MF: What does it mean to you that Lettie is continuing the business that you built?

Oh my goodness. I'm thrilled to death. I'm so gratified that this business is going to continue. Lettie is an asset—and the rest of our team believes that too. I'm really excited to see the direction the business will take and I know that the business is in good hands. I think everybody's going to work together really well and complement one another.

MF: Lettie, what was your childhood like as the daughter of manufacturers? 

Lettie: Lettie ThompsonI kind up grew up here, just doing random things around the shop and then doing jobs for pay as I got older: drawing parts for identification, doing tooling inventory, packaging, quality inspections. I translated all of our marketing materials into Spanish, and accompanied my Mom on trips to Mexico as her official interpreter. 

Growing up, my Dad and Mom would challenge me to figure things out. ‘I don't know’ was an unacceptable answer. I remember when we were skiing one time, we got stuck on a chair lift for a long time. My Dad asked, ‘Lettie, how do you think this chair lift works?’

I was seven. I said, ‘We don't have time for me to explain that, Dad.” And he answered, ‘Oh, we have nothing but time.’ 

Whenever I don't understand something, I know I can figure it out. That resourcefulness is something that both my mom and dad really taught me. Figure it out; give it your best shot. And then if you can’t, get help. So much learning goes on in that process.

MF: What prompted your decision to make a career change and take over the family business?

After I graduated college, I went into healthcare for 25 yr. because I wanted to help people. In this business, you're still taking care of people, whether our customers or our employees. It's all very personal. You're working with employees and figuring out how to pull out their potential … how we can all fit together and what we all can contribute. I think at the end of the day, that's what's most important.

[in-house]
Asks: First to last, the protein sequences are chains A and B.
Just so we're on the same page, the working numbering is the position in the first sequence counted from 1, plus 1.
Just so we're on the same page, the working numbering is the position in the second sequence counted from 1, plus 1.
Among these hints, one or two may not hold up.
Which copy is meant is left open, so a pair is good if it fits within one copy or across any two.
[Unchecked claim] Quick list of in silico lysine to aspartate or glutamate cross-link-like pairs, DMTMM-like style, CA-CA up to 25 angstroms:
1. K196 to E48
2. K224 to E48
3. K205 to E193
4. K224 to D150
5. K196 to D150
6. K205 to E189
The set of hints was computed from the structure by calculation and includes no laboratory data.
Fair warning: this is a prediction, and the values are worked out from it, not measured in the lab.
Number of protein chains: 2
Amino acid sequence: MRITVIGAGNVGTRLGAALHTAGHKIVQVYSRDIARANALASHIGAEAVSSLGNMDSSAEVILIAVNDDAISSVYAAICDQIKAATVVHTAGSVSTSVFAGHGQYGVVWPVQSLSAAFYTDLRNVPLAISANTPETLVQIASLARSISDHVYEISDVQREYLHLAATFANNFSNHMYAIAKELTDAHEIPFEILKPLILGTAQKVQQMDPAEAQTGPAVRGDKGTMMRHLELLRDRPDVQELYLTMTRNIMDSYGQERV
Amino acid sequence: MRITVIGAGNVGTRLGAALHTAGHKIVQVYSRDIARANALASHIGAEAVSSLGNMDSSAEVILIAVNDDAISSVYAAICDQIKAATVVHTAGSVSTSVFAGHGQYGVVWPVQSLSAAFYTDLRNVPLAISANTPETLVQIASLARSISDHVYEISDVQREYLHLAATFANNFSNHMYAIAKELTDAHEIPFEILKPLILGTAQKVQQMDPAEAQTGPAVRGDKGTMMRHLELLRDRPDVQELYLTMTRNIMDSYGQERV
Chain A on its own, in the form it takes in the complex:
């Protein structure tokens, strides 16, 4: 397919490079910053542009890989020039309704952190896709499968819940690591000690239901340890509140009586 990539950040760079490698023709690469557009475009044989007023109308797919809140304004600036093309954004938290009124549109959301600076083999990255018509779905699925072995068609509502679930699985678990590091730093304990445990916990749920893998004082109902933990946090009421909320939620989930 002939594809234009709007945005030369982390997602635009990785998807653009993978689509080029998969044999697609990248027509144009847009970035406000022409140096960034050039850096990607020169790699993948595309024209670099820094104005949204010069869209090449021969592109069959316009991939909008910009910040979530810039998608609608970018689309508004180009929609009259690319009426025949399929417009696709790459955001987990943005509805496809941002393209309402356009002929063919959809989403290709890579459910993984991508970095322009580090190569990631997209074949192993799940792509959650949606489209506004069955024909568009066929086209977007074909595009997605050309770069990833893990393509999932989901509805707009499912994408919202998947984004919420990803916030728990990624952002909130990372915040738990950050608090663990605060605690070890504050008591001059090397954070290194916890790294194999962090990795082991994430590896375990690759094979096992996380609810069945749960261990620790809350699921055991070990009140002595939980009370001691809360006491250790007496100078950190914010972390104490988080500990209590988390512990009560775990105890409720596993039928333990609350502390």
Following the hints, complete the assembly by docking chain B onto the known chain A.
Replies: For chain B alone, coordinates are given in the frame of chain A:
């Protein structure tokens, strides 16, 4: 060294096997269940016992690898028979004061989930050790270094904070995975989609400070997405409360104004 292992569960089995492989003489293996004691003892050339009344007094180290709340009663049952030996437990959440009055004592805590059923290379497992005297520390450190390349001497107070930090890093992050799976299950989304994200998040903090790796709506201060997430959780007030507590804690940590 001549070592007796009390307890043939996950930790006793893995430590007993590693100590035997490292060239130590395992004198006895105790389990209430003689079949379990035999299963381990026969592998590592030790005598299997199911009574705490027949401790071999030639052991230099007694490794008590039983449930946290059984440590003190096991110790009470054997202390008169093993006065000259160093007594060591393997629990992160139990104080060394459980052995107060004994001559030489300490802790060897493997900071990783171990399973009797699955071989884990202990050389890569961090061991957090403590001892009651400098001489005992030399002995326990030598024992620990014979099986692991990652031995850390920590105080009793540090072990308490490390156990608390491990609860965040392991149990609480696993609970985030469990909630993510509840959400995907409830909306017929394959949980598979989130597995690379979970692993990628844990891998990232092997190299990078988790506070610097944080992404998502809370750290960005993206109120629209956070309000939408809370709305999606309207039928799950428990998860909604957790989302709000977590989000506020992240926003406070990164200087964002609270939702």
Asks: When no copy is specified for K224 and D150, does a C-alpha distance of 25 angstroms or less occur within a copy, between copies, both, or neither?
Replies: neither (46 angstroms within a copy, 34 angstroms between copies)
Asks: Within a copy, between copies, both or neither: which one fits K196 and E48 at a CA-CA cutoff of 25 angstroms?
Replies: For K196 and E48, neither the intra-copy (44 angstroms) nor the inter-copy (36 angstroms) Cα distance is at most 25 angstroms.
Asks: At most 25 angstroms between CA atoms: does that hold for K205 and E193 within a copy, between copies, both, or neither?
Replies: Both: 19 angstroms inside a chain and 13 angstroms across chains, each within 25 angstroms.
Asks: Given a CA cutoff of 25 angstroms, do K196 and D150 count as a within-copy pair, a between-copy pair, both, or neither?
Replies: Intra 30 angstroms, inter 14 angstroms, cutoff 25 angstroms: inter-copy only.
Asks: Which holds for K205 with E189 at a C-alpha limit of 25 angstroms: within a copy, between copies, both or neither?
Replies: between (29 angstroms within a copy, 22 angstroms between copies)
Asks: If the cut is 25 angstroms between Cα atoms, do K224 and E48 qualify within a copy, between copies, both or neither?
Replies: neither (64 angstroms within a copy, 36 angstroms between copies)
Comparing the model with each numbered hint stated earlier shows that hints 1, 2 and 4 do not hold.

MF: What steps have you taken to transition to a leadership role?

I don't think my Mom realized how much information she has to pass on. She has her finger in every piece of the pie. I’m learning gradually and I think that is key to the success of this transition. I’m starting with each pie, focusing on one section at a time rather than everything at once.

MF: Because we are headquartered in Cleveland, I have to ask: Who is your favorite Rock & Roll Hall of Famer?

Ann: I love Led Zeppelin, but if I had to just pick one musician, it's Elton John. He gives credit where credit is due. I respect that.

Lettie: I just really love how Michael Jackson and Madonna have really empowered the musicians of today. 

Industry-Related Terms: Die, Drawing
View Glossary of Metalforming Terms

Technologies: Management, Tooling, Training